Waterfalls on Oahu

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The island of Oahu offers a wealth of waterfalls and nature hikes, showcasing the beauty of Hawaii while giving you a chance to explore. Most of the waterfalls on the island are accessible by easy hikes. If you’re looking for a break from the beach, tie on your hiking boots and head into the beautiful Hawaiian mountains to catch a glimpse of water cascading over the moss covered rocks.

For your own safety, always hike with one or more people in the party and tell someone where you will be and when you expect you back. Always bring water and food with you. Follow all posted signs and state laws. If you’re ever uncomfortable or unsure, do not continue and turn back. DO NOT drink the water in streams as it carries a potentially fatal bacteria. Do not leave valuables in your car. Hike at your own risk.


Manoa Falls:
Manoa Falls is a spectacular site as it tumbles down a near vertical cliff for approximately 150-feet into a small pool. The hike travels through a bamboo forest, rainforest, and base of the Ko'oau Mountains. The trail is approximately a 1 ½ mile hike. The small pool at the bottom of the falls is filled with boulders and the bottom of the pool cannot be visualized making it unsafe for swimming or diving. Swimming violators may be cited.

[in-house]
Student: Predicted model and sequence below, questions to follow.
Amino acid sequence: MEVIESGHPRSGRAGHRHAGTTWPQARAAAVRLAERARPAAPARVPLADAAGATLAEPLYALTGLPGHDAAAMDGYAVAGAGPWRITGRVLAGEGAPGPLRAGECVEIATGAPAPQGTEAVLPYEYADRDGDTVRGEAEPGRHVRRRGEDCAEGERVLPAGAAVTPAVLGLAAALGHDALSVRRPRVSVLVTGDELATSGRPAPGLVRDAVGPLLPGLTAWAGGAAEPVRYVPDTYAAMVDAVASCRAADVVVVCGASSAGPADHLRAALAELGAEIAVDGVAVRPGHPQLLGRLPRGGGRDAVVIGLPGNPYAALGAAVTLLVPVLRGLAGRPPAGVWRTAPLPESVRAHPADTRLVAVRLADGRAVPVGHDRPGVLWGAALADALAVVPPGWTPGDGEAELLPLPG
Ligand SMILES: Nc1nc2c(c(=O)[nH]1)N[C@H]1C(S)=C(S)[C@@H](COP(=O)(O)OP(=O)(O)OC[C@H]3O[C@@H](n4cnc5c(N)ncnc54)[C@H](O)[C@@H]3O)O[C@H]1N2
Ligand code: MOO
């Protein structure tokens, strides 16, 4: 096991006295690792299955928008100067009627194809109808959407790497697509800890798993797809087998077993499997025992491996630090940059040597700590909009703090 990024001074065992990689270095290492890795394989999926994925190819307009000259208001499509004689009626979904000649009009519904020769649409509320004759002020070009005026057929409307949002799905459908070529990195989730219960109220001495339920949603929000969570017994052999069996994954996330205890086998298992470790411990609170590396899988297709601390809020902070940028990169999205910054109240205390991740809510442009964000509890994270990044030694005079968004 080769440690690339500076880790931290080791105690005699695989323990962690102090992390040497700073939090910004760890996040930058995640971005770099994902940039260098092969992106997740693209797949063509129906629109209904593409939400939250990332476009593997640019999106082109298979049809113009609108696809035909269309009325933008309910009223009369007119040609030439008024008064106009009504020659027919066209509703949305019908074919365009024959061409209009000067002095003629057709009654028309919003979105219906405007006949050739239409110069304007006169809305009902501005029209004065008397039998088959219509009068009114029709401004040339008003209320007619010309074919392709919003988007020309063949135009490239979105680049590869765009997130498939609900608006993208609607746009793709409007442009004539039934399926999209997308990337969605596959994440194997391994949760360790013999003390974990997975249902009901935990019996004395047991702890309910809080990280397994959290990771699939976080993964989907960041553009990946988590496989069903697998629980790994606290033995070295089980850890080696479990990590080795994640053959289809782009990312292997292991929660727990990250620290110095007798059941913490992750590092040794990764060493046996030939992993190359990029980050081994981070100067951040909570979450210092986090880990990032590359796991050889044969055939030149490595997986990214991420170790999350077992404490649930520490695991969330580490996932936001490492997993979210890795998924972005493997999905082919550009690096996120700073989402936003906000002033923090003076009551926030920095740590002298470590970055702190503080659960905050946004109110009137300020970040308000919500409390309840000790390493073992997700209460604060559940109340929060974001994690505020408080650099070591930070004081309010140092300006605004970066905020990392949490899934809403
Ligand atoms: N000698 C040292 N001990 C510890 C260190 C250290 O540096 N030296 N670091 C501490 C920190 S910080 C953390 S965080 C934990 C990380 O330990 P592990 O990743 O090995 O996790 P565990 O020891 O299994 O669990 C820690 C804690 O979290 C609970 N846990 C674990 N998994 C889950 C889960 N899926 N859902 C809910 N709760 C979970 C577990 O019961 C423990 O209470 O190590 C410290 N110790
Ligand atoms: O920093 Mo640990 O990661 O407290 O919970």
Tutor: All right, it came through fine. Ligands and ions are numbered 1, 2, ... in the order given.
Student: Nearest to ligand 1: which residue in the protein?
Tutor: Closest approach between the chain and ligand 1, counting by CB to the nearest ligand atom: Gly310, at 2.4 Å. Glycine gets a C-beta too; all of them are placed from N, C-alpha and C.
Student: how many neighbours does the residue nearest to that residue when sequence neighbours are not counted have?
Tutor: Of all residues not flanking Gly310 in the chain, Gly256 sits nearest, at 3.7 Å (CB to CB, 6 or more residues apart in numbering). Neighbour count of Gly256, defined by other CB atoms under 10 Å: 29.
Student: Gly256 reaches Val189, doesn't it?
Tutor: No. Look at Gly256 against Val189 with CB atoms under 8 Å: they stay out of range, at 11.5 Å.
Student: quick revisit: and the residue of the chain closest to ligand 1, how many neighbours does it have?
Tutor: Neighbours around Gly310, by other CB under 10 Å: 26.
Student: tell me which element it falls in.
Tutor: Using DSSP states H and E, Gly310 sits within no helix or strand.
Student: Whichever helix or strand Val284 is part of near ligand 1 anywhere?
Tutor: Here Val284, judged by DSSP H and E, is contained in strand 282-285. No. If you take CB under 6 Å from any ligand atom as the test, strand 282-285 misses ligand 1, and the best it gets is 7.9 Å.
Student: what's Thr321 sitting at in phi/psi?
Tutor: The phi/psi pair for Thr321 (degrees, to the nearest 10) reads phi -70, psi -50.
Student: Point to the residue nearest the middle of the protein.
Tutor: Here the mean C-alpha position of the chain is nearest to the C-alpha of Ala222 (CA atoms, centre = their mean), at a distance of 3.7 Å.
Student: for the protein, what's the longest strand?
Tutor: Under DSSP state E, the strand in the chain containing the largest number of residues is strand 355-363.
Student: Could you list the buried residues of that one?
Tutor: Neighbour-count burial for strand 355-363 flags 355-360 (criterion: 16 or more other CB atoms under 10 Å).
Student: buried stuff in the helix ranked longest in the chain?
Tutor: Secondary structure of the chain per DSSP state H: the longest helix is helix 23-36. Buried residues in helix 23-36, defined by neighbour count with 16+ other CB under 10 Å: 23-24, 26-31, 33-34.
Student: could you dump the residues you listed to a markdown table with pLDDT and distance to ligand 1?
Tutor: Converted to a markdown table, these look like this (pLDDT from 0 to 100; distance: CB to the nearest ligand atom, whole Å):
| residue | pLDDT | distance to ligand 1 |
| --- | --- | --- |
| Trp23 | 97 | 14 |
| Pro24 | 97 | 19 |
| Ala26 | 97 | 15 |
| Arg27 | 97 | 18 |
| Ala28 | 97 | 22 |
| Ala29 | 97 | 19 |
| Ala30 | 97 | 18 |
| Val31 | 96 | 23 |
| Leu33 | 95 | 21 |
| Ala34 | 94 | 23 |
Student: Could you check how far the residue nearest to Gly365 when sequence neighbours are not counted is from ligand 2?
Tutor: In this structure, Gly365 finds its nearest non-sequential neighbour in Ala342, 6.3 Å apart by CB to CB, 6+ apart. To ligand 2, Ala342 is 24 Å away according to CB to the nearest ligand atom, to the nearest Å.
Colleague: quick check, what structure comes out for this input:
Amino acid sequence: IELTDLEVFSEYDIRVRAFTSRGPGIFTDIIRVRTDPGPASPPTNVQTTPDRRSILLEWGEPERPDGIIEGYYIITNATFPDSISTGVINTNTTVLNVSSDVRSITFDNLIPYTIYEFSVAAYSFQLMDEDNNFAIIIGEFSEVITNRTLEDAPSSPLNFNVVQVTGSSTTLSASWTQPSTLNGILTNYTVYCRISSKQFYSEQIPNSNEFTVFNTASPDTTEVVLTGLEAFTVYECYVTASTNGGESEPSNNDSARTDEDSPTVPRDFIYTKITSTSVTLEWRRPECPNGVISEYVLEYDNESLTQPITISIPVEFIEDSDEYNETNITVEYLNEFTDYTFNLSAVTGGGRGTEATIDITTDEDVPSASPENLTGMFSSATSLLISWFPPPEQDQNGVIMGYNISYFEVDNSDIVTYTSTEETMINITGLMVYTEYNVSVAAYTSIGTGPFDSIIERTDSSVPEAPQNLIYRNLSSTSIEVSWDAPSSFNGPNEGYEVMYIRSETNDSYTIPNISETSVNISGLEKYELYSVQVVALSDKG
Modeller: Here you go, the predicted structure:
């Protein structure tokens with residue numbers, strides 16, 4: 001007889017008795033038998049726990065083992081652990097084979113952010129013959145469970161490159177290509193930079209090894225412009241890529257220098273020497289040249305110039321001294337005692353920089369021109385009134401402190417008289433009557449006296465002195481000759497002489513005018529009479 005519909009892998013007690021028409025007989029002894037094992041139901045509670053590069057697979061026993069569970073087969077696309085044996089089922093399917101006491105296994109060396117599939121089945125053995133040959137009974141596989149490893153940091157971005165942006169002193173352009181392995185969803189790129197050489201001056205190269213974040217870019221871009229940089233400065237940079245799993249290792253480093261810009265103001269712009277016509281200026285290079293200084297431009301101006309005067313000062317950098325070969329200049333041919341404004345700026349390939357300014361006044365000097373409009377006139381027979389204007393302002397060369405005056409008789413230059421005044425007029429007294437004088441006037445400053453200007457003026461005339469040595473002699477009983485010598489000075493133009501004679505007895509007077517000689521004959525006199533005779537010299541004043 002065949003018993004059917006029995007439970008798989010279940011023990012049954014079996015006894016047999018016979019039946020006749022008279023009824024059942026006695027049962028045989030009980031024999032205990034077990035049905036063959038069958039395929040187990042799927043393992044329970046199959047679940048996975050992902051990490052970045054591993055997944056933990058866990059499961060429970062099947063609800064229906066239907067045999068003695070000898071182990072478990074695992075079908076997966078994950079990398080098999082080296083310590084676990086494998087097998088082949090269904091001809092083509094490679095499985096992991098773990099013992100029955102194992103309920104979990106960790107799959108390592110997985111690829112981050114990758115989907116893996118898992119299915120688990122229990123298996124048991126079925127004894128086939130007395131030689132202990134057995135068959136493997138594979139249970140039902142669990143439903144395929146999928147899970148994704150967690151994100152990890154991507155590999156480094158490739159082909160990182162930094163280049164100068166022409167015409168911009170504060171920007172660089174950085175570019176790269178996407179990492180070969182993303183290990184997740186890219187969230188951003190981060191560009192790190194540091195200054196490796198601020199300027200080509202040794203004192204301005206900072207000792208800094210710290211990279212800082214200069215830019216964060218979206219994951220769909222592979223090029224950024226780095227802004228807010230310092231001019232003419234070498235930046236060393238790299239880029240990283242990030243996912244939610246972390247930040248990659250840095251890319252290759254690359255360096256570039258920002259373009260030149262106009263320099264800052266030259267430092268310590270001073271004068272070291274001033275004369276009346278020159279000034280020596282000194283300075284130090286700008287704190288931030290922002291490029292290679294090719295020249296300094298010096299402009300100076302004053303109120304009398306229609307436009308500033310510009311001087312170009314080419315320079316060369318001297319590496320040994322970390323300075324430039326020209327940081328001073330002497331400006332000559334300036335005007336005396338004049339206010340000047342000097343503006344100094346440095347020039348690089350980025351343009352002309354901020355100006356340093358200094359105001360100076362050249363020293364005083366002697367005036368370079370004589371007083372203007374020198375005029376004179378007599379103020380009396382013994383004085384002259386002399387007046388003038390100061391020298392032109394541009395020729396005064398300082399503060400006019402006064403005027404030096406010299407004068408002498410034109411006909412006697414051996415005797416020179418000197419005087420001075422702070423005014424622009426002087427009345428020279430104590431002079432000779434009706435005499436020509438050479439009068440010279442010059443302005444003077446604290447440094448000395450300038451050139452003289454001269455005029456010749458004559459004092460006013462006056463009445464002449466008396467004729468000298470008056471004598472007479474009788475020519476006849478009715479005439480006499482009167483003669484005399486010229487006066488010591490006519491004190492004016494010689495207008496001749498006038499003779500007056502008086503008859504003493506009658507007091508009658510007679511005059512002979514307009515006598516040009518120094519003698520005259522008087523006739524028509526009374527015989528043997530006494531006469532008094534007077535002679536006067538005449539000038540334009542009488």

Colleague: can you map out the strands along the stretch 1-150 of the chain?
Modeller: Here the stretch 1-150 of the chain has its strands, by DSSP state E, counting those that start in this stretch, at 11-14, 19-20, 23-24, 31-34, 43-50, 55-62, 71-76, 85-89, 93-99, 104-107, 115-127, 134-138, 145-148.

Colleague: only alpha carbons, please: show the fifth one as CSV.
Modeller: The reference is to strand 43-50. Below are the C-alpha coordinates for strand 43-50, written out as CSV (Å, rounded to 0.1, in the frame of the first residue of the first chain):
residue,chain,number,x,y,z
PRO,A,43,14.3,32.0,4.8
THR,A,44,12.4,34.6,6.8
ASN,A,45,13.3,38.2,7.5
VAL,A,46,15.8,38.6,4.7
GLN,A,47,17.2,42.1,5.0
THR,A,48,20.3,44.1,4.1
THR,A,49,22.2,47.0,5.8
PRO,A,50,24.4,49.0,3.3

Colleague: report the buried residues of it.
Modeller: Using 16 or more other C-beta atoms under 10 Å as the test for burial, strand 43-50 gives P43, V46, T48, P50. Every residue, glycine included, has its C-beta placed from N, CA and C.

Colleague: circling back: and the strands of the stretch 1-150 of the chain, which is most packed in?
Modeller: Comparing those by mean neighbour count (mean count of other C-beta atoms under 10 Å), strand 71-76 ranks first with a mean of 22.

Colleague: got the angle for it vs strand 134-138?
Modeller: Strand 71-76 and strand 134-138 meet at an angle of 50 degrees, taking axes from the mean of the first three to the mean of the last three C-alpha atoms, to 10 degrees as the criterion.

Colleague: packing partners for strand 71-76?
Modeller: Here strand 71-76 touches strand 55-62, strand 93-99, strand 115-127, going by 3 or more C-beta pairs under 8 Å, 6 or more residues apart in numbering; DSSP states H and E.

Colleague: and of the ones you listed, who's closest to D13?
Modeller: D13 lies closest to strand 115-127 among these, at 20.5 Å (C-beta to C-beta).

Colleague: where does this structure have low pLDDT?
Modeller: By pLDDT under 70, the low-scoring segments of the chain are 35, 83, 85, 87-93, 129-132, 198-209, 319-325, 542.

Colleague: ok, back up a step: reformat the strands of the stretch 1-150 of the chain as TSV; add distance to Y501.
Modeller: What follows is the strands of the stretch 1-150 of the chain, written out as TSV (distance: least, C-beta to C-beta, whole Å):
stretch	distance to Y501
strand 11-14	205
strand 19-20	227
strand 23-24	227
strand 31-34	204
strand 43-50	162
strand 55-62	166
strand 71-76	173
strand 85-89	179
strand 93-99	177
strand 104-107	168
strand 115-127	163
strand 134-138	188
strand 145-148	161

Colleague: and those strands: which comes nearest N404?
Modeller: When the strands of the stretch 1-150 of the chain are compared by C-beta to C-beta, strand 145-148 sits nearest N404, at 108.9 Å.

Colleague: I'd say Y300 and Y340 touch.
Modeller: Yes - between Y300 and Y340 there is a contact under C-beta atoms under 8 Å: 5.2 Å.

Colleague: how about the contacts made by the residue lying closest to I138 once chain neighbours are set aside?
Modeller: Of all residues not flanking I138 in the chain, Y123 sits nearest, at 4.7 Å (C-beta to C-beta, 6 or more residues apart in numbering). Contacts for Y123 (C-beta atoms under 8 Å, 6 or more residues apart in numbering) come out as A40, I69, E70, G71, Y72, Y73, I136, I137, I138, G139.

Directions: From Waikiki: Take McCully Street out of Waikiki toward the mountains. Turn right onto Kapiolani Blvd. Turn left onto University and drive through the University of Hawaii campus. Turn right onto Manoa Road. This will dead end at the trail head. Parking is approx. $5-ask for military rates.

Lulumahu Falls:
Lulumahu Falls is 1 of 5 popular waterfalls in the Pali region! This waterfall a lot as it resides close to the Kaniakapupu Ruins, better known as King Kamehameha III's summer home. This waterfall has a great Indiana Jones advenure-like trailto get there. It will take you about 30 to 40 minutes to reach the 50 ft plus Lulumahu waterfall, and I promise you that you will not find yourself bored hiking into a dense bamboo forest, climbing up old waterwork structures, and wandering into the mystical Hawaiian jungle!